All you do is go to the IRS website and you can log into their withholding calculator and recalculate your withholding and have it properly and very well suited to your actual finances. So you can have more money in your pocket, less money withheld from your paycheck and you've got it and not the government and that's a good thing.
ELAM: Let's say you do have this extra cushion in your paycheck. That means then you can save. You say the best way to do that is to not think about doing it at all, right?
BODNAR: Exactly. Have somebody else do it for you. You're saying I'd like to get this $2,000 or $3,000 refund check every year. Well take that money, set up an automatic savings deposit. You can do that again from your bank account, an automatic transfer. You can put it into a bank account to build up your emergency funds. You can put it into an investment account and build up your investmens. And when we tried that, it took us about three minutes. So that was a real quickie.
ELAM: That's very easy to do. And you're also saying ...
ELAM: When you do this, when you go ahead make everything all organized, while you're in your wallet, go ahead and copy everything in there. I don't think a lot of people even think to do that.
BODNAR: Right. And this is so low tech. All you have to do -- I was just talking to the makeup man here at CNN about this. You just take the stuff, the credit cards, the debit cards, the insurance card. You put them on a copying machine, you copy both sides of them and then god forbid they should be stolen or lost you have all that information right there. Again, when I had my staff members try this, it took them about three minutes to do this and look at the peace of mind it gives you.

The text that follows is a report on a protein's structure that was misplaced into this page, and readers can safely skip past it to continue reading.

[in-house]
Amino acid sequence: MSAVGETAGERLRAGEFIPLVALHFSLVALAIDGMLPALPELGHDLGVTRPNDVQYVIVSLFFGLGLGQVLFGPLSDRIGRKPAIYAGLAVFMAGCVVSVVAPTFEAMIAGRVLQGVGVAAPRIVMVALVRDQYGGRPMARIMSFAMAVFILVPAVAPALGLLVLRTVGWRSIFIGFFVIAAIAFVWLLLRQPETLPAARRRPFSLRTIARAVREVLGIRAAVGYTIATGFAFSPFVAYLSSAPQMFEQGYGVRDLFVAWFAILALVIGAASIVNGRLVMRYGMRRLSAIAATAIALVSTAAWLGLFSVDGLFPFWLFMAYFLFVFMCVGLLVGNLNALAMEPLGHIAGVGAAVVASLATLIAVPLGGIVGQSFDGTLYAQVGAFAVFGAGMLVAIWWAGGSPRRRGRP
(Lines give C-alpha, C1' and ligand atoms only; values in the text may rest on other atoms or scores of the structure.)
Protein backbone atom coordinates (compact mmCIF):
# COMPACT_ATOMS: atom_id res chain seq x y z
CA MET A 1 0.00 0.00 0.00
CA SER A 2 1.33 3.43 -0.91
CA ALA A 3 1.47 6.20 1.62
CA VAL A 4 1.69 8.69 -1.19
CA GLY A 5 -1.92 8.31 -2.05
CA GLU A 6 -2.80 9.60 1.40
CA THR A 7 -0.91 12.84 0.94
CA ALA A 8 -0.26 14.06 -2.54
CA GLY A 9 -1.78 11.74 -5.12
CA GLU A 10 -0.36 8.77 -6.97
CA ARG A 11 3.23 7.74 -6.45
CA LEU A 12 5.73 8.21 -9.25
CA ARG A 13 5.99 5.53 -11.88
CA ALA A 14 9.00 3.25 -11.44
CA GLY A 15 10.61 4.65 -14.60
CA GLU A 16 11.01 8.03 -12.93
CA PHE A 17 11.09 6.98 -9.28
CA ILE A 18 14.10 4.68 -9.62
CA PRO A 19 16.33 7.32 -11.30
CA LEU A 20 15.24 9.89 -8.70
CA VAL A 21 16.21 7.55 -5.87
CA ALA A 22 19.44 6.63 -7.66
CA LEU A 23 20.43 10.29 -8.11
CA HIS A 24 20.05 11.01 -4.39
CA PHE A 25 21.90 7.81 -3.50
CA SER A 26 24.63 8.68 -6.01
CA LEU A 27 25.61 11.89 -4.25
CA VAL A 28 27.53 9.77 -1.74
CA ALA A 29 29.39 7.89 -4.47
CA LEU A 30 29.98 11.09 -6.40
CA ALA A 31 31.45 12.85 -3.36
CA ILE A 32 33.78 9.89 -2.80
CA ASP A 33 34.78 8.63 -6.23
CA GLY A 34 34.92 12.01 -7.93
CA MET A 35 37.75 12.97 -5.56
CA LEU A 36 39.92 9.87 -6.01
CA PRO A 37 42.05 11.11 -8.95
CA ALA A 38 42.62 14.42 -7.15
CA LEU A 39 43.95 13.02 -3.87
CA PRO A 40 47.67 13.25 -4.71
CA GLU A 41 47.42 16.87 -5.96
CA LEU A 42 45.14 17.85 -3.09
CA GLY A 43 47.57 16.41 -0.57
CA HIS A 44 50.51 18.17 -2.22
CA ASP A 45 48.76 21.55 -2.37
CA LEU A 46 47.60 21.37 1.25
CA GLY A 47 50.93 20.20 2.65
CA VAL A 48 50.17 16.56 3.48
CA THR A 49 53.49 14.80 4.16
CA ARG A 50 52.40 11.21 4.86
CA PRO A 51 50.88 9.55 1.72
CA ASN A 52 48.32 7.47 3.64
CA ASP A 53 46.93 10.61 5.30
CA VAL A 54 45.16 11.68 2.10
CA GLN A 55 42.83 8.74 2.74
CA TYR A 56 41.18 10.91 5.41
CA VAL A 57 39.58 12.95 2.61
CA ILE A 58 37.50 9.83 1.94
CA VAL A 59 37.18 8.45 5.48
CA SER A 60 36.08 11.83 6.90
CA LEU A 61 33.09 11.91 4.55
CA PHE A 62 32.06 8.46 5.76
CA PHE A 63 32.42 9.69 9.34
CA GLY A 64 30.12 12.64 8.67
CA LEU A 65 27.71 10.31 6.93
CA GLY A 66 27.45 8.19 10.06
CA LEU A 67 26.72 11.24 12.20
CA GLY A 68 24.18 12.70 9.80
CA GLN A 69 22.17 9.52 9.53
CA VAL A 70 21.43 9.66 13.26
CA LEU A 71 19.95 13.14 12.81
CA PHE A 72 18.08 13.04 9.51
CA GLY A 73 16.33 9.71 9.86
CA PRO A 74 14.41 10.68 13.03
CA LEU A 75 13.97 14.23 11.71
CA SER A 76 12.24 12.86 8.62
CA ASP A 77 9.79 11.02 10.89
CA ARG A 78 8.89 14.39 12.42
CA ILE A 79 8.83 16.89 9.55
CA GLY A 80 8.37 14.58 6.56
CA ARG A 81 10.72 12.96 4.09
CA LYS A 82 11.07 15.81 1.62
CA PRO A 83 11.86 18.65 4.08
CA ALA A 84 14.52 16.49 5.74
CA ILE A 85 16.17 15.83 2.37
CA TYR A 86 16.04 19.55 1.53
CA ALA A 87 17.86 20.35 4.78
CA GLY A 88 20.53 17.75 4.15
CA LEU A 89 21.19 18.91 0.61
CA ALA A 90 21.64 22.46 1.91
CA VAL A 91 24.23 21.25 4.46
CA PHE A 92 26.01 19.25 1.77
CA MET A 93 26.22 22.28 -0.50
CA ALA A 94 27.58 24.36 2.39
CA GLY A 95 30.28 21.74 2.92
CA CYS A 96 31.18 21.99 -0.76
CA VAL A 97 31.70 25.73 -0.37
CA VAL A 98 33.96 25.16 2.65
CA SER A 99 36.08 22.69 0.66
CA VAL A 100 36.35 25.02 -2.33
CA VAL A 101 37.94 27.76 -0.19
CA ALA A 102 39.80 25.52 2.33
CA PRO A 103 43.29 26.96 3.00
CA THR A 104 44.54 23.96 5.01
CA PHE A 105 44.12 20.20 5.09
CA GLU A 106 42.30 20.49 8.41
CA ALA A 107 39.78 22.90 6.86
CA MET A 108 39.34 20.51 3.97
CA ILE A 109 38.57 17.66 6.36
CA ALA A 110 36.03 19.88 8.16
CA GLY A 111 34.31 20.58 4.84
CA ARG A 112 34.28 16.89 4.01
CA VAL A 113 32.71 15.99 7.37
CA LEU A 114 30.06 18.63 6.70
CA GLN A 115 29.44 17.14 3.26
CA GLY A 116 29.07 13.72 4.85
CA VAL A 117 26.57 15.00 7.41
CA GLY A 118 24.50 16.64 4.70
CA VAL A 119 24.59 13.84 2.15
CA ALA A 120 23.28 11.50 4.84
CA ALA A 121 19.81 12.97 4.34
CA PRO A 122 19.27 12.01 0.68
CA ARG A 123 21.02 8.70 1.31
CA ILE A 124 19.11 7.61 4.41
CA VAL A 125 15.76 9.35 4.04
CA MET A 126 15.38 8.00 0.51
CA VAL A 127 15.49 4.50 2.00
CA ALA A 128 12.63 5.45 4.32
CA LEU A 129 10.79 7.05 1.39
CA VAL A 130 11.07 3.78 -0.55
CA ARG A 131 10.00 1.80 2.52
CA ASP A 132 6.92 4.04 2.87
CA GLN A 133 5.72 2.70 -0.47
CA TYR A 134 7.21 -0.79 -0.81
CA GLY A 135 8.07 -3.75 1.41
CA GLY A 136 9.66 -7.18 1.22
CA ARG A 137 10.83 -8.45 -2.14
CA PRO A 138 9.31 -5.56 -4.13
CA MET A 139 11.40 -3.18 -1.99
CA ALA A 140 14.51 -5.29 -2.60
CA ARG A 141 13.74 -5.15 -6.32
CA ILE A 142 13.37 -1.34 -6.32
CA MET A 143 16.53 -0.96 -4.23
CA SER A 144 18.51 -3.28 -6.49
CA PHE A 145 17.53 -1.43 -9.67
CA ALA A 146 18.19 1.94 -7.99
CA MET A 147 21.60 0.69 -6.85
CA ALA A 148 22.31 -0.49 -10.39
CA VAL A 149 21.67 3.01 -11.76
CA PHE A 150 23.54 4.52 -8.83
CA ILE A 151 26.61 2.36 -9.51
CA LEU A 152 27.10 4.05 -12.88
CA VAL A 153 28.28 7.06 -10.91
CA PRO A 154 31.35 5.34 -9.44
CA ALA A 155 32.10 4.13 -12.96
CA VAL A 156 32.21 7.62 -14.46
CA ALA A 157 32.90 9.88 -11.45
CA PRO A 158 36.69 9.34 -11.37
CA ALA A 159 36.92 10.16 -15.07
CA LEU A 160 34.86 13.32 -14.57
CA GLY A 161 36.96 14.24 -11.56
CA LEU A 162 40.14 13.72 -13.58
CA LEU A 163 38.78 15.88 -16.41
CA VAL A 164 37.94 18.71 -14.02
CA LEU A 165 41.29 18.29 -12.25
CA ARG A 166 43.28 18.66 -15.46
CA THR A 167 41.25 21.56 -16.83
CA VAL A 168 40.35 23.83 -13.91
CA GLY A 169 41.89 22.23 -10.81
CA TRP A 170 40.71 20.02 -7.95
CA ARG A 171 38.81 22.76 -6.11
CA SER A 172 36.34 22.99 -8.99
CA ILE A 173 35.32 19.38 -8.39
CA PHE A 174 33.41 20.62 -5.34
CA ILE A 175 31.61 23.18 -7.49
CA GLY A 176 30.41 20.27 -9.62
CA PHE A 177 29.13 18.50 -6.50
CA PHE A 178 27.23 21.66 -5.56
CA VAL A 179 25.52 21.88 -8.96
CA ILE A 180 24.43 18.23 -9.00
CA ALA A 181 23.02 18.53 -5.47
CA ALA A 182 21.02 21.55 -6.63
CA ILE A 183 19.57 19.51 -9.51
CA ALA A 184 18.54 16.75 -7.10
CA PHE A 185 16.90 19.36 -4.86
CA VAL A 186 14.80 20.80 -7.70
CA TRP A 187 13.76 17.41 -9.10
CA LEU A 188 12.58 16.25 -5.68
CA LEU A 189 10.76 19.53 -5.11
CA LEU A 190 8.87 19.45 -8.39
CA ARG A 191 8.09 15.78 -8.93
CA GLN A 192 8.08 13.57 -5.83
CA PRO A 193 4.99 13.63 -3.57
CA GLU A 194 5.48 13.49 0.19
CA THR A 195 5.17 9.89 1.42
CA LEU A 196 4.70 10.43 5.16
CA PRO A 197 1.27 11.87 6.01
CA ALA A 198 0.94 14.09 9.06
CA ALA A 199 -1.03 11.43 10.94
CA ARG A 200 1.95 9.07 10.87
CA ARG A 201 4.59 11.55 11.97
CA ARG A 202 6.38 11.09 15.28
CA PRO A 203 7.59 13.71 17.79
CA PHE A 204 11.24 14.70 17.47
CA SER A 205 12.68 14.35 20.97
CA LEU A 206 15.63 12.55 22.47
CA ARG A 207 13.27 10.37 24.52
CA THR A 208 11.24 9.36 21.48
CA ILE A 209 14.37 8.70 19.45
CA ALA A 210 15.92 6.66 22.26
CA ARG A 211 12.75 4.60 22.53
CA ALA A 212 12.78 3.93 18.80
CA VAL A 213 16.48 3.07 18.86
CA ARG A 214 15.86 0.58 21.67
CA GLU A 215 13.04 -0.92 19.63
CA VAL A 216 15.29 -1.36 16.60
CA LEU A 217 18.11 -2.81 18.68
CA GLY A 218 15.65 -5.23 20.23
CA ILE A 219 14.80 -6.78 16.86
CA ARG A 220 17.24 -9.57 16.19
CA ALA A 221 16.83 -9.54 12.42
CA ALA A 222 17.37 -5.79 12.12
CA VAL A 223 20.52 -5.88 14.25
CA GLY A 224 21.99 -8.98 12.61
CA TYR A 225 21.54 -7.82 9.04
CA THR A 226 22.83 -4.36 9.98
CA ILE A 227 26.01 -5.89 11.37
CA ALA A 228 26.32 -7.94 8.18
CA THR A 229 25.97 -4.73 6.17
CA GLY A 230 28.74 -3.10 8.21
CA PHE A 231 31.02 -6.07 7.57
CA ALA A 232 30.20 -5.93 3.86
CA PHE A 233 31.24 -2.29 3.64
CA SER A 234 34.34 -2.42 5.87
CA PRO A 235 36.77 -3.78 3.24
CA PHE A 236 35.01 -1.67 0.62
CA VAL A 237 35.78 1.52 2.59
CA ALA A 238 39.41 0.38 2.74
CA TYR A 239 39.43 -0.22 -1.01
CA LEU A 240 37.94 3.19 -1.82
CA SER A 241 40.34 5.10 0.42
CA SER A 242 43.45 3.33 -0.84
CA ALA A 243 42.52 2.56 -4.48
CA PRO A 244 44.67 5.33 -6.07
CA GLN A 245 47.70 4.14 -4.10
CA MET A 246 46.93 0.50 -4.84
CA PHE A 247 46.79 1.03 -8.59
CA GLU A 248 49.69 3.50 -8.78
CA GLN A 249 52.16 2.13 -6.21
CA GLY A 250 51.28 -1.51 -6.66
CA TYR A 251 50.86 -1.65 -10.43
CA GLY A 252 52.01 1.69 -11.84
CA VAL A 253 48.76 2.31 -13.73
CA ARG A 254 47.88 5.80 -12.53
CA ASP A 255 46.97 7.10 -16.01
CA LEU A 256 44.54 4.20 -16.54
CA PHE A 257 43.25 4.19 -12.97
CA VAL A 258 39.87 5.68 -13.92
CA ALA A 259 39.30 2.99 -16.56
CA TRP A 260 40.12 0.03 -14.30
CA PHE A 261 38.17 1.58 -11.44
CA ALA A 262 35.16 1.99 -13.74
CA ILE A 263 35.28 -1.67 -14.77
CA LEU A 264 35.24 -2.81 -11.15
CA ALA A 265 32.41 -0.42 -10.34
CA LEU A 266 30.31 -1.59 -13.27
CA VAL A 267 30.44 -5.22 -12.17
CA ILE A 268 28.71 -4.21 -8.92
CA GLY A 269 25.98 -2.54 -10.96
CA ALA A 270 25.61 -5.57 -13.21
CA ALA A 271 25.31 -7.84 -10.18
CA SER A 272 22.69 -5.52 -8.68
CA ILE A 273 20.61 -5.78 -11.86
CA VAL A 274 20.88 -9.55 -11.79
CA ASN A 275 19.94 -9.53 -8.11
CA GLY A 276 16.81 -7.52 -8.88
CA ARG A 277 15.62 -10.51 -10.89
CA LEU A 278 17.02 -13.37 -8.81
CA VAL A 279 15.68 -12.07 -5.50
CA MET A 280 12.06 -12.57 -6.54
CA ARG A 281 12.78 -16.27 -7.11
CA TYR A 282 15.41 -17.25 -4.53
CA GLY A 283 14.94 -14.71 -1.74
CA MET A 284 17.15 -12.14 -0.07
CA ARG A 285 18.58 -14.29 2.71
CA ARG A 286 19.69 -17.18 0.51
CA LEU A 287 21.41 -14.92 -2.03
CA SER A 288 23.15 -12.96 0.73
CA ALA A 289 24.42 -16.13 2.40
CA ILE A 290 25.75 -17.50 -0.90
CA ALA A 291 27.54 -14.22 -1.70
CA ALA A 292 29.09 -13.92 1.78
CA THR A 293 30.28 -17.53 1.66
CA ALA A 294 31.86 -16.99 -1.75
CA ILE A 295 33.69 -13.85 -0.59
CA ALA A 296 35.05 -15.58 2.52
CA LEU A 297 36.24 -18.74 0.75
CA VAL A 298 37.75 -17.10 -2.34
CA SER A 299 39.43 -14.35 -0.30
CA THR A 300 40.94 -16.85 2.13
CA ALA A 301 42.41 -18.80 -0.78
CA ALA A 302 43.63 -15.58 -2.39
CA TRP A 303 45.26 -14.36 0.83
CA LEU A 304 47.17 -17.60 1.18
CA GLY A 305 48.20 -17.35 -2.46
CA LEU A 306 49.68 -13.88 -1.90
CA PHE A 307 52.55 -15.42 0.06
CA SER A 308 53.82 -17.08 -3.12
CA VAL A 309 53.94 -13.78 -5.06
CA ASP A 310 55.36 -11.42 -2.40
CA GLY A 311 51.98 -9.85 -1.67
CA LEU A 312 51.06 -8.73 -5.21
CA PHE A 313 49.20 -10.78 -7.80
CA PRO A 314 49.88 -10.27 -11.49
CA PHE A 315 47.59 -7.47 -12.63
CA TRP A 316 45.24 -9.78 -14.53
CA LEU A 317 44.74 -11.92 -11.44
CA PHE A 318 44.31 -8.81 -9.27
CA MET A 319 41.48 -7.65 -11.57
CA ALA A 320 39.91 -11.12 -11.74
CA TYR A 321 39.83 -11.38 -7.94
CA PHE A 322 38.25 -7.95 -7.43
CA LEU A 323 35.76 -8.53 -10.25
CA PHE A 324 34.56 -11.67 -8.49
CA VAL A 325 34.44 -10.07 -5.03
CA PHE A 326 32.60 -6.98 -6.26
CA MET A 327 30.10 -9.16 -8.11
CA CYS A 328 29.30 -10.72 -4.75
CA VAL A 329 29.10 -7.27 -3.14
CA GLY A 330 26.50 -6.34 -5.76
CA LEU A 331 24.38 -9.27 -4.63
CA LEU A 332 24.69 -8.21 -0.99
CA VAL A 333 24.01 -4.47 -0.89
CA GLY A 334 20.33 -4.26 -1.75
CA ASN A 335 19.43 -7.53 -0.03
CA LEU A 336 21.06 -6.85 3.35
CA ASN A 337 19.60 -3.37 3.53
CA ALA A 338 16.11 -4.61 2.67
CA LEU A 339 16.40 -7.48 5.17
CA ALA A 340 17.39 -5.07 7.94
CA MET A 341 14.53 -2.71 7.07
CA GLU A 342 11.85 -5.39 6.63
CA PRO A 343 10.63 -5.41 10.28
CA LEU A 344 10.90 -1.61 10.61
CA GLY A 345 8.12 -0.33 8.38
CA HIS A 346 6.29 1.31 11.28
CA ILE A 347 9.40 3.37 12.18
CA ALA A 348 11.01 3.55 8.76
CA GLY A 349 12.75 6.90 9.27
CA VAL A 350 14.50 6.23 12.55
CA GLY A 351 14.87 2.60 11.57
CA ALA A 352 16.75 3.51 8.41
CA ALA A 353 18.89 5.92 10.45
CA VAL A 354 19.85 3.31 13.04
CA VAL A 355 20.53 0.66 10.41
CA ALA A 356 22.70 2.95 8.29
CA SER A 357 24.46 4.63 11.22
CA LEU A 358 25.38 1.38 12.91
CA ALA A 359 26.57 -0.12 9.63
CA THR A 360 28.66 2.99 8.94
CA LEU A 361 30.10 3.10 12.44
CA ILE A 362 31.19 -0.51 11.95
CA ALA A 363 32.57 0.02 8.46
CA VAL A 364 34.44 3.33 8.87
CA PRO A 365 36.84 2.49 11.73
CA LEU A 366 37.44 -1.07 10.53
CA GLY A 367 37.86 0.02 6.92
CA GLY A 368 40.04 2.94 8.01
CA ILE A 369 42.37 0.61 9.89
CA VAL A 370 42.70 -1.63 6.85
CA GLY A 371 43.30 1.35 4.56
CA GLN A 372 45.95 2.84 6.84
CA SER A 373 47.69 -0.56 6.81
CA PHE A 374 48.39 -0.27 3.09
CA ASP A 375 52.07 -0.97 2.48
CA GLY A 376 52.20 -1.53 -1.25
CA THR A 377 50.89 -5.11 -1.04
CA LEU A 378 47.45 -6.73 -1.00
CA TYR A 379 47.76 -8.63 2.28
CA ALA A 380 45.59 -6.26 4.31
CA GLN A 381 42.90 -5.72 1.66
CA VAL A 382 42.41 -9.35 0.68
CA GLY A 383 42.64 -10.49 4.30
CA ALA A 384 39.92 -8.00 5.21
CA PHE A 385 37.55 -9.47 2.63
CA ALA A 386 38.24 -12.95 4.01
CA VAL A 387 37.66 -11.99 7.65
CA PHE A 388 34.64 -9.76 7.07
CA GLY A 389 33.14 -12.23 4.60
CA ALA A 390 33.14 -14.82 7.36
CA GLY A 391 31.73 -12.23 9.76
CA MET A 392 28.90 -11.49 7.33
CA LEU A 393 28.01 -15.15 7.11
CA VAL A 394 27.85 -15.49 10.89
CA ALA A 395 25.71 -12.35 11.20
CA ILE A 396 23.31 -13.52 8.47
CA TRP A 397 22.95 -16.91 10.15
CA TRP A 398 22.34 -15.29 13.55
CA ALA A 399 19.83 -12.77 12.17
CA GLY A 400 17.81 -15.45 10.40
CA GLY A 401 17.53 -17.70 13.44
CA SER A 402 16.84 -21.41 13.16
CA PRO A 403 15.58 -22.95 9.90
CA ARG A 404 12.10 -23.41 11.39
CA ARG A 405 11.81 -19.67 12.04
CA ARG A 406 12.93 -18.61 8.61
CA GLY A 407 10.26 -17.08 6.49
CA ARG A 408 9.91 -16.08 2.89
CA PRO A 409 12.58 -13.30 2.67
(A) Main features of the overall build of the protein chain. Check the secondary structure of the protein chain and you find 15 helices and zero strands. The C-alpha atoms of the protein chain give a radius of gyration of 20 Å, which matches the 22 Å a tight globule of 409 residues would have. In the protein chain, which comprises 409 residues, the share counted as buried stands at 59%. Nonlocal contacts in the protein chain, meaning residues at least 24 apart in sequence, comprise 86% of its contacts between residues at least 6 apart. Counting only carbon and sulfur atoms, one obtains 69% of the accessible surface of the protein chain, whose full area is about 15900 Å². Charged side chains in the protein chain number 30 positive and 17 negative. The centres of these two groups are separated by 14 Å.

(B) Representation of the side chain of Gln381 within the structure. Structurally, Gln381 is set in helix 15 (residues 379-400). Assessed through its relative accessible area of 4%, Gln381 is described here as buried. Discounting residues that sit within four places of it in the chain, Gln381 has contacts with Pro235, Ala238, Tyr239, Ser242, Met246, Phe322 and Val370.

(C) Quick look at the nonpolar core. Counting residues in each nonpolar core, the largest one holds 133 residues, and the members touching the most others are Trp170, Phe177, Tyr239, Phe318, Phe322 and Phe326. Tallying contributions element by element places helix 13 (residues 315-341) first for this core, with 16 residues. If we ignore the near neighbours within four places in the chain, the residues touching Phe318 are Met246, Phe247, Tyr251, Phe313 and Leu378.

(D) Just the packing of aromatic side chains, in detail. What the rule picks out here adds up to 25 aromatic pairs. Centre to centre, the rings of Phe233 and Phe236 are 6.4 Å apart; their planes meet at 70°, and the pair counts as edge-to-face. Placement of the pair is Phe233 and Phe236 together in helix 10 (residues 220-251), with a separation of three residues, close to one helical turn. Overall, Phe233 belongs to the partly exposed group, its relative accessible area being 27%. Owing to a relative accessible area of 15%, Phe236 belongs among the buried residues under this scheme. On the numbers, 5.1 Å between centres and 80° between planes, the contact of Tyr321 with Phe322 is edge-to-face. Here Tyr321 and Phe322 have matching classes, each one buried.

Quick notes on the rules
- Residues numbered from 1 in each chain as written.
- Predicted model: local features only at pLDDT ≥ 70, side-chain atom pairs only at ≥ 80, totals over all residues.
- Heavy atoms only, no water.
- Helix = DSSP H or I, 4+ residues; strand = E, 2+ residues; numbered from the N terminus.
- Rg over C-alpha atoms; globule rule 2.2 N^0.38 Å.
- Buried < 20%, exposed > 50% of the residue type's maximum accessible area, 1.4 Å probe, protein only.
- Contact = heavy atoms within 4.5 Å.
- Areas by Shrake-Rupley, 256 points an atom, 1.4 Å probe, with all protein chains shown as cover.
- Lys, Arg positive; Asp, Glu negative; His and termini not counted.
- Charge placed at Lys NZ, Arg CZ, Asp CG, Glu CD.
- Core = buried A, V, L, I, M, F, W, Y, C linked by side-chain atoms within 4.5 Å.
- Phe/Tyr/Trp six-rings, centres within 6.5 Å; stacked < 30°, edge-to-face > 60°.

ELAM: And file it away and you can always find that data and call the companies and let them know you lost your card.
BODNAR: That's right.
ELAM: I guess in that same vein, all the important things around your house, take pictures of them.
BODNAR: That's right. And you're always told to do an insurance inventory and people just never take the time to do it. We set one of our staff members onto this. She had a typical sort of four-bedroom suburban house and her little digital camera and she had surgery on her arm when she did this.
She ran around the house and she still got it done with a little help from her husband. She didn't have time to actually record everything. You can do that online and we have those websites listed on our website Kiplinger.com. She didn't have time to do that within the 15 minutes but she does have now a photo record of everything that she has. The possessions that she would really like to insure. The things that really mean a lot to her.
ELAM: That's a lot easier than trying to explain it for sure.
BODNAR: Yeah, and you have that picture. ELAM: These are some very tasty recipes you have left us with today, Janet Bodnar. Thanks so much.
BODNAR: My pleasure.
ELAM: All right. But right now let's get a check of your top stories with T.J. Holmes and Brooke Baldwin. The CNN "NEWSROOM," it starts right now.